# Discount Yield

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## Definition of 'Discount Yield'

The discount yield is a measure of the return on an investment that is calculated by taking the difference between the face value of the investment and its current market value and dividing that difference by the current market value. The discount yield is often used to compare the returns on different investments, and it can also be used to estimate the future value of an investment.

To calculate the discount yield, you first need to find the face value of the investment. This is the amount of money that you will receive when the investment matures. You then need to find the current market value of the investment. This is the price that you would have to pay to buy the investment today. Once you have the face value and the current market value, you can calculate the discount yield by using the following formula:

Discount Yield = (Face Value - Current Market Value) / Current Market Value

For example, let's say that you are considering investing in a bond that has a face value of \$1,000 and a current market value of \$900. The discount yield on this bond would be calculated as follows:

Discount Yield = (\$1,000 - \$900) / \$900 = .1111, or 11.11%

This means that the bond is expected to return 11.11% of its current market value over the course of its life.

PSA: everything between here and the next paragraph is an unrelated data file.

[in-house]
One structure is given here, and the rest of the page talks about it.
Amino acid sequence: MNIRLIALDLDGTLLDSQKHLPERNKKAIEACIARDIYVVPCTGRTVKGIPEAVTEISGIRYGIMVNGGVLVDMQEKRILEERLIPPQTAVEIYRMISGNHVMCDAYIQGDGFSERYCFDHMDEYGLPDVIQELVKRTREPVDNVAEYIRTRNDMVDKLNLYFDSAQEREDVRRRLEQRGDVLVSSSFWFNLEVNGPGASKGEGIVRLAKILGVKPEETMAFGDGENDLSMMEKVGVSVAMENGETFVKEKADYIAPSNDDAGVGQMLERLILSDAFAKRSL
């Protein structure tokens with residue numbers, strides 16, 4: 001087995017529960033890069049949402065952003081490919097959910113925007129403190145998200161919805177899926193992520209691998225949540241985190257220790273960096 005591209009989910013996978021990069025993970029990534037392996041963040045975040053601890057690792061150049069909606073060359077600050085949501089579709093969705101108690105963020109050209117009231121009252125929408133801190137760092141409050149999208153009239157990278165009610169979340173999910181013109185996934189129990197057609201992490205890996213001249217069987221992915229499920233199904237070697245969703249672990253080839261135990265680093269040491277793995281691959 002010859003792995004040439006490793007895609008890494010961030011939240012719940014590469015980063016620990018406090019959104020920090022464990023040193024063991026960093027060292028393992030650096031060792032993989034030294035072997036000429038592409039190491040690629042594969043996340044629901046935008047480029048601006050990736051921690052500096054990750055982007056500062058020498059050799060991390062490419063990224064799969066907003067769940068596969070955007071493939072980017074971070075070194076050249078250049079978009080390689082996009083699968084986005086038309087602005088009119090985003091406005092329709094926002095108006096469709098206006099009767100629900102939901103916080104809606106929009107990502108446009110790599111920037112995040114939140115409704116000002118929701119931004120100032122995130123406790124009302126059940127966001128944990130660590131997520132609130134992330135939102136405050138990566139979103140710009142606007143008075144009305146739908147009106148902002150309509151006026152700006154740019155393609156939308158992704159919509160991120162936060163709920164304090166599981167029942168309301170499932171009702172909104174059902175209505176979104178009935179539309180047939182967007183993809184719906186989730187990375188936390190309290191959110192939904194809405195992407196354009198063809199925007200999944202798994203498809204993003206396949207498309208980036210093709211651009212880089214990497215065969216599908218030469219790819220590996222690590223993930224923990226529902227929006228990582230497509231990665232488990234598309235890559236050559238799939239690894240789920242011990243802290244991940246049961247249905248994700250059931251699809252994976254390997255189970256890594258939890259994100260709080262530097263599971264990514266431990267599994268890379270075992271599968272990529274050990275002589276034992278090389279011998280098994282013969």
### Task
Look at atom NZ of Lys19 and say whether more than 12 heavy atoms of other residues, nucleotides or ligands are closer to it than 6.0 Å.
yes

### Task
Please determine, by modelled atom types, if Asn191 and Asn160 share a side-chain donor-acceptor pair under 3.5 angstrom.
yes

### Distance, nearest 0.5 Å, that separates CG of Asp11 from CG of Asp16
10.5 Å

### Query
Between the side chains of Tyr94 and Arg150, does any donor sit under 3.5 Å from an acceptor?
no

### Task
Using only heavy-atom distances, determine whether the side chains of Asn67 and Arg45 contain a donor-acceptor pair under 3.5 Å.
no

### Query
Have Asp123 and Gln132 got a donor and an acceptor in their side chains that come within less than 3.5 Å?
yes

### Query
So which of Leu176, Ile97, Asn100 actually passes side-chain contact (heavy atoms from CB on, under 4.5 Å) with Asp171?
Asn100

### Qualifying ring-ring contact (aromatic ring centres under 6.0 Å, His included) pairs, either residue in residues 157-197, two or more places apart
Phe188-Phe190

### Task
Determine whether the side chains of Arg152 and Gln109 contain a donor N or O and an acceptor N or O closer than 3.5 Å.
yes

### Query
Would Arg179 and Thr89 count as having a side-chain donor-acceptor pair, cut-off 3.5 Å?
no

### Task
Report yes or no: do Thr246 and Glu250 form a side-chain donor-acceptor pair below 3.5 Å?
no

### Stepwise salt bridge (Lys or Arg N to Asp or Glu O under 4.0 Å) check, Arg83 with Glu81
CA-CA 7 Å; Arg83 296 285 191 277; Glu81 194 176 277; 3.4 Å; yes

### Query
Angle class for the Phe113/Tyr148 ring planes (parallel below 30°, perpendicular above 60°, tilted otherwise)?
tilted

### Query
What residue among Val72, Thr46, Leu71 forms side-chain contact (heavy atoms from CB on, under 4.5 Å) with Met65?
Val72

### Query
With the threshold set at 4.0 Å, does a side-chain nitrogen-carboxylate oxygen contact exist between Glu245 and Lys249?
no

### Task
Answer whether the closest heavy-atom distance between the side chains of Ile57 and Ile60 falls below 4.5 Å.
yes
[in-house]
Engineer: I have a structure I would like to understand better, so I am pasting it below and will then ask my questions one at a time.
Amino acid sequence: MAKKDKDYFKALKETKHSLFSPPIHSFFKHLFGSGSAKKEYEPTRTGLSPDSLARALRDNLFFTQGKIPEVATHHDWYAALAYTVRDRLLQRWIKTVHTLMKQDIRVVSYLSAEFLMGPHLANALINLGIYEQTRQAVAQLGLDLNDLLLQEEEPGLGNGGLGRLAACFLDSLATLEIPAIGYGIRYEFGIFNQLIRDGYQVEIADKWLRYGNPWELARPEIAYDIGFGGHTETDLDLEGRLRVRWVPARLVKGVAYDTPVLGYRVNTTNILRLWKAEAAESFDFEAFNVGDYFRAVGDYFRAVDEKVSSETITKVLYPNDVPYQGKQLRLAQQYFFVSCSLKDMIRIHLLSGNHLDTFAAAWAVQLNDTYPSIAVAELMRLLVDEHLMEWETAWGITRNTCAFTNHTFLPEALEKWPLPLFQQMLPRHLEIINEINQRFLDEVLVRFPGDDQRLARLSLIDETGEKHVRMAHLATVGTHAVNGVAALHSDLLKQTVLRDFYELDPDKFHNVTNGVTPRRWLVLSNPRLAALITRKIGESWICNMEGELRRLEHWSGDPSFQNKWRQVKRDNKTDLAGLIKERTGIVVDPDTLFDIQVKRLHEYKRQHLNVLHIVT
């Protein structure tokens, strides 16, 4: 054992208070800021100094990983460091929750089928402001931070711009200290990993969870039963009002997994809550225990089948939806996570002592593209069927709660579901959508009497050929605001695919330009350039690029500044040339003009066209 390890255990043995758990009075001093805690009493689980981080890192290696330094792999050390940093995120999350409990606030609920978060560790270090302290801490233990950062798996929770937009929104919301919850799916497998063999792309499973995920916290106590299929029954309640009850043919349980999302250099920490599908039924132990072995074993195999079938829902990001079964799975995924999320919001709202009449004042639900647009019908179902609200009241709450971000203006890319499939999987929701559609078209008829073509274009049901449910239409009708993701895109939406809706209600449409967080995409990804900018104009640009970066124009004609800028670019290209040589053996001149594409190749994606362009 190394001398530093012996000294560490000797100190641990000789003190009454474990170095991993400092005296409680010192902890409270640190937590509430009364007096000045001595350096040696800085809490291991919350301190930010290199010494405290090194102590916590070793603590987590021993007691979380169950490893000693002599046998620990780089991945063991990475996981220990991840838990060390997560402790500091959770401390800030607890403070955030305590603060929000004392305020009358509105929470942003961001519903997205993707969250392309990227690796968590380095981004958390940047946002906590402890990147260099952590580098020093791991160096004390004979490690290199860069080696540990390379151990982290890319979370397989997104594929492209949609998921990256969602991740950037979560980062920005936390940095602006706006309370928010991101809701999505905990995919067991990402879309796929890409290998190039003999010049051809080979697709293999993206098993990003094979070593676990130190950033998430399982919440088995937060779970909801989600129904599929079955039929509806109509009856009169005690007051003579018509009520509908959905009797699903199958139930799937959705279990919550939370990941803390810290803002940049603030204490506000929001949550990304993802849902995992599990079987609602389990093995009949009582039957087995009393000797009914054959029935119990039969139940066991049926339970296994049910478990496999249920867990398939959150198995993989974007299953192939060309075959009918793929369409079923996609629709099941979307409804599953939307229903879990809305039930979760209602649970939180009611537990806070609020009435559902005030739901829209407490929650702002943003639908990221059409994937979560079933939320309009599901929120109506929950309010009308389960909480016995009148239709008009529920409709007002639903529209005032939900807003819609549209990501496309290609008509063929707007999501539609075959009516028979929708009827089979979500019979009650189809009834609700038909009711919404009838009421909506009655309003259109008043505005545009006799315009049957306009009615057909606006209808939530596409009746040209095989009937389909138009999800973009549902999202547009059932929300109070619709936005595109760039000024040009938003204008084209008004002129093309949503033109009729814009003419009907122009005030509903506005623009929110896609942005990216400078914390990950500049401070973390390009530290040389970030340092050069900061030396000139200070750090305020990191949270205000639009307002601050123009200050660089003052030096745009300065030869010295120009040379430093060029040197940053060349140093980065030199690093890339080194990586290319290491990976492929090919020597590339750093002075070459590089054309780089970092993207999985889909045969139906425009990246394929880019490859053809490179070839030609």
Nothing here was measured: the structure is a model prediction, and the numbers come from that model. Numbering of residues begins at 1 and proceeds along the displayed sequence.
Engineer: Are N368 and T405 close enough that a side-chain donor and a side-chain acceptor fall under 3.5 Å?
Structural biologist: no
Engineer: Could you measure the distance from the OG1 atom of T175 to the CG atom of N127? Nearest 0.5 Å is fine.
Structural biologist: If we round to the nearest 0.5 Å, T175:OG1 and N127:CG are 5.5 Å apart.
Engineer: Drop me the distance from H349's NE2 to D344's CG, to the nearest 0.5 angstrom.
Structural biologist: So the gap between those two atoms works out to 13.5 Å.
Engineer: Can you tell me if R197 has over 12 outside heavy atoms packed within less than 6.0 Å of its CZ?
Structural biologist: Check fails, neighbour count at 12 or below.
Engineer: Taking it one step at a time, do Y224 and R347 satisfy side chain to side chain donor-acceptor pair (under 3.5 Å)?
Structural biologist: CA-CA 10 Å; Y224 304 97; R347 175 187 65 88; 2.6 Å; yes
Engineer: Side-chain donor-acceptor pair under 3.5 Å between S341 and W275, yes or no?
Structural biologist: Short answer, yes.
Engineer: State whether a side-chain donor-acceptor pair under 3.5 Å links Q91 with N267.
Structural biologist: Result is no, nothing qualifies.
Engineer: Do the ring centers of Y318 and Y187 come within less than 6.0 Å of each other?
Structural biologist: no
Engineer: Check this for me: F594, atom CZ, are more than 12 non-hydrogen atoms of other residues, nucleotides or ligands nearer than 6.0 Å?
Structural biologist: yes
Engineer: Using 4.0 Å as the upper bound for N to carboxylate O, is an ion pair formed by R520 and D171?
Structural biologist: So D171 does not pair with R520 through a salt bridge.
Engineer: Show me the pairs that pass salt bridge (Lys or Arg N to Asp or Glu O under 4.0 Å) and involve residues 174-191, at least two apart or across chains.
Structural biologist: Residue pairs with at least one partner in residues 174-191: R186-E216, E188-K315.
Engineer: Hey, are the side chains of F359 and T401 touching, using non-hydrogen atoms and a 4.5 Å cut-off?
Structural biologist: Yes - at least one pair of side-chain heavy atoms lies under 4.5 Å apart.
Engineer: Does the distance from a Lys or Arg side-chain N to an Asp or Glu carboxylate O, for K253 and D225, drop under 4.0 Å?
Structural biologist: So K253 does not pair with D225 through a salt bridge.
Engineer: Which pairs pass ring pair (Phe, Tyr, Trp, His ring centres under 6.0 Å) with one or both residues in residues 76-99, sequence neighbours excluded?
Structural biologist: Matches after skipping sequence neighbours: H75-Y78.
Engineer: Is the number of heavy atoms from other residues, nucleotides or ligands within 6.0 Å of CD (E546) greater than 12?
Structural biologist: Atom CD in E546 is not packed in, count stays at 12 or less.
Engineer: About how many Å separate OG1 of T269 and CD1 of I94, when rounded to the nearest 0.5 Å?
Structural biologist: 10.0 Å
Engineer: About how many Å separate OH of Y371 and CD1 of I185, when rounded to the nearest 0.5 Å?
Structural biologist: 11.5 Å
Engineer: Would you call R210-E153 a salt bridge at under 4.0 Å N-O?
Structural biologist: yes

The discount yield is a useful tool for comparing the returns on different investments. However, it is important to note that the discount yield does not take into account the risk of the investment. For example, a bond with a high discount yield may also have a high risk of default. Therefore, it is important to consider the risk of an investment before making a decision about whether or not to invest in it.

In addition to the discount yield, there are a number of other measures of return that can be used to compare investments. These include the yield to maturity, the internal rate of return, and the net present value. Each of these measures has its own advantages and disadvantages, and the best measure to use will depend on the specific investment that you are considering.

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